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  Opinion   Columnists  23 Apr 2018  CPM’s dilemma: How it should remake itself

CPM’s dilemma: How it should remake itself

The writer is a senior journalist in Kolkata.
Published : Apr 23, 2018, 12:12 am IST
Updated : Apr 23, 2018, 12:12 am IST

In claiming that it is the only party that can offer an “alternative policy” agenda, the CPI(M) has to fully and finally resolve the crisis within.

CPI(M) general-secretary Sitaram Yechury (Photo: PTI)
 CPI(M) general-secretary Sitaram Yechury (Photo: PTI)

By changing its position on the Congress, as a potential partner in the run up to the 2019 Lok Sabha elections and afterwards, the CPI(M) has finally acknowledged that the BJP and its parent organisation — the RSS — is the “main threat”. And, it cannot pursue a politics that treats the BJP and the Congress as “equal dangers”.

The internally divisive and tortured process of arriving at this rather obvious conclusion at the just ended 22nd Party Congress in Hyderabad was evident to everyone outside the CPI(M), including the BJP, it must be assumed. To think that a political line to perverse and protect the purity of the CPI(M) by treating the BJP and the Congress as equally untouchable was as misguided as it was mischievous.

 

To justify equating the Congress and the BJP, the Karat line had drawn up a list of characteristics shared by the two parties — equally committed to neo-liberal economic policies, with the caveat that the Congress had “pioneered” it, practitioners of communal polarisation, the Congress being clubbed with the BJP because it tactically deploys “soft Hindutva”, and equally enslaved to US imperialism. As it happens, in the Karat worldview, these are characteristics shared by the regional parties as well, making them almost equally untouchable.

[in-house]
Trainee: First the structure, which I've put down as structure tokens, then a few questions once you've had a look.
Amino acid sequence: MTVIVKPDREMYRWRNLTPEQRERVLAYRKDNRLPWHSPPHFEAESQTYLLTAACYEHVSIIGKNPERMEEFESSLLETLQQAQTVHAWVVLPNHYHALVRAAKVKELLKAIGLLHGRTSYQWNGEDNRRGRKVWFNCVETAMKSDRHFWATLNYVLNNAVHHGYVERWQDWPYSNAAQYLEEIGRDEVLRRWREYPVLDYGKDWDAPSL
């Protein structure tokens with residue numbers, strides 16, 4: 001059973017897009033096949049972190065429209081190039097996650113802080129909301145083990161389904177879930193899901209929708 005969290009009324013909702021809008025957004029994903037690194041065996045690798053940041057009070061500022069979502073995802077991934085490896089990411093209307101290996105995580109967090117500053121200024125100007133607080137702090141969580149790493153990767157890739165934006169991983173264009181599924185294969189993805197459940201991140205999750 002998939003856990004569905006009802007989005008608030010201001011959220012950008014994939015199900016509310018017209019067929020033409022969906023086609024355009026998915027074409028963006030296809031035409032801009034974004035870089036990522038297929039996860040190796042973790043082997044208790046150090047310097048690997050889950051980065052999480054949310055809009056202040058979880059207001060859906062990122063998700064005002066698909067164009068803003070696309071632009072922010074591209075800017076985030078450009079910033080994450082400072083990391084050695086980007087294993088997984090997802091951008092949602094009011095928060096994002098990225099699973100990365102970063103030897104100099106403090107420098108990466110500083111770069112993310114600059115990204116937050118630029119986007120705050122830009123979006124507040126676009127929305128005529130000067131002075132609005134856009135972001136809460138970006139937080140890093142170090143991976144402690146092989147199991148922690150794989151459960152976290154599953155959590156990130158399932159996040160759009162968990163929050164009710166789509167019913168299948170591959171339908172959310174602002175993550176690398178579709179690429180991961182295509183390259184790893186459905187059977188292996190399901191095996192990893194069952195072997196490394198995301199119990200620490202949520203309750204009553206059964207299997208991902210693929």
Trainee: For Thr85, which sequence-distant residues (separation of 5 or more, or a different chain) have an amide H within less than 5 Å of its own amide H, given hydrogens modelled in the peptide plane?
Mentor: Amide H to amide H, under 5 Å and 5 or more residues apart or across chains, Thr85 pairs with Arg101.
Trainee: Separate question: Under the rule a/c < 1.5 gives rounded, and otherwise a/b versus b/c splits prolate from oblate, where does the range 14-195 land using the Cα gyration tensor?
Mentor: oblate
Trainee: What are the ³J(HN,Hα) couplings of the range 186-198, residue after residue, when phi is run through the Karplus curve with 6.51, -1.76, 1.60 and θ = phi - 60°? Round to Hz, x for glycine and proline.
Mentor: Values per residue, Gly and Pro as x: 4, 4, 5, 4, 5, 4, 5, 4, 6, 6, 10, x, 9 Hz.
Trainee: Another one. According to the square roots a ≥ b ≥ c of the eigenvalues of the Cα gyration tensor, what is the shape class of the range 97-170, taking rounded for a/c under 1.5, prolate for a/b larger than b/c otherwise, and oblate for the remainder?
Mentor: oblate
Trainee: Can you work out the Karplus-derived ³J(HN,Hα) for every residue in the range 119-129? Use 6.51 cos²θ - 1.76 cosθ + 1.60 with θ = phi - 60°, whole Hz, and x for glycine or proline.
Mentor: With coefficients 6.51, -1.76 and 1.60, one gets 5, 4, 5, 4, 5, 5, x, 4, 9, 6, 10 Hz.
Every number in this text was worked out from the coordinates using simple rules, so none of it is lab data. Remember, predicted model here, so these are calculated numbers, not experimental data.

It took a series of shocks, the biggest being the decimation of the CPI(M) in Tripura and the real possibility of the same happening in Kerala, to convince the so-called hardliners led by former general secretary Prakash Karat and his backers the most prominent and eminent being Manik Sarkar of Tripura and a galaxy of leaders from Kerala that they had got it wrong. It took a series of further shocks to convince them that the political space is rapidly reforming itself in the run up to 2019 elections reflecting a change of mood and choice of India’s voters across states, including the crucial states of Uttar Pradesh, Bihar, Rajasthan, Madhya Pradesh and more.

 

And, it took the threat by clearly a much larger number of the 765 delegates at the Party Congress than the Karat liners anticipated that the unprecedented should happen, of a secret ballot to find out what was the majority view and a couple of resolutions that suggested that the party should split to finally reach a settlement on what should be the CPI(M)’s political position, otherwise known as its tactical line. The Karat-led hardliners would need to take responsibility for having brought the CPI(M) to a position where it is seriously weakened, politically rudderless and unattractive as a running mate for almost every regional party of consequence to the point of near destruction.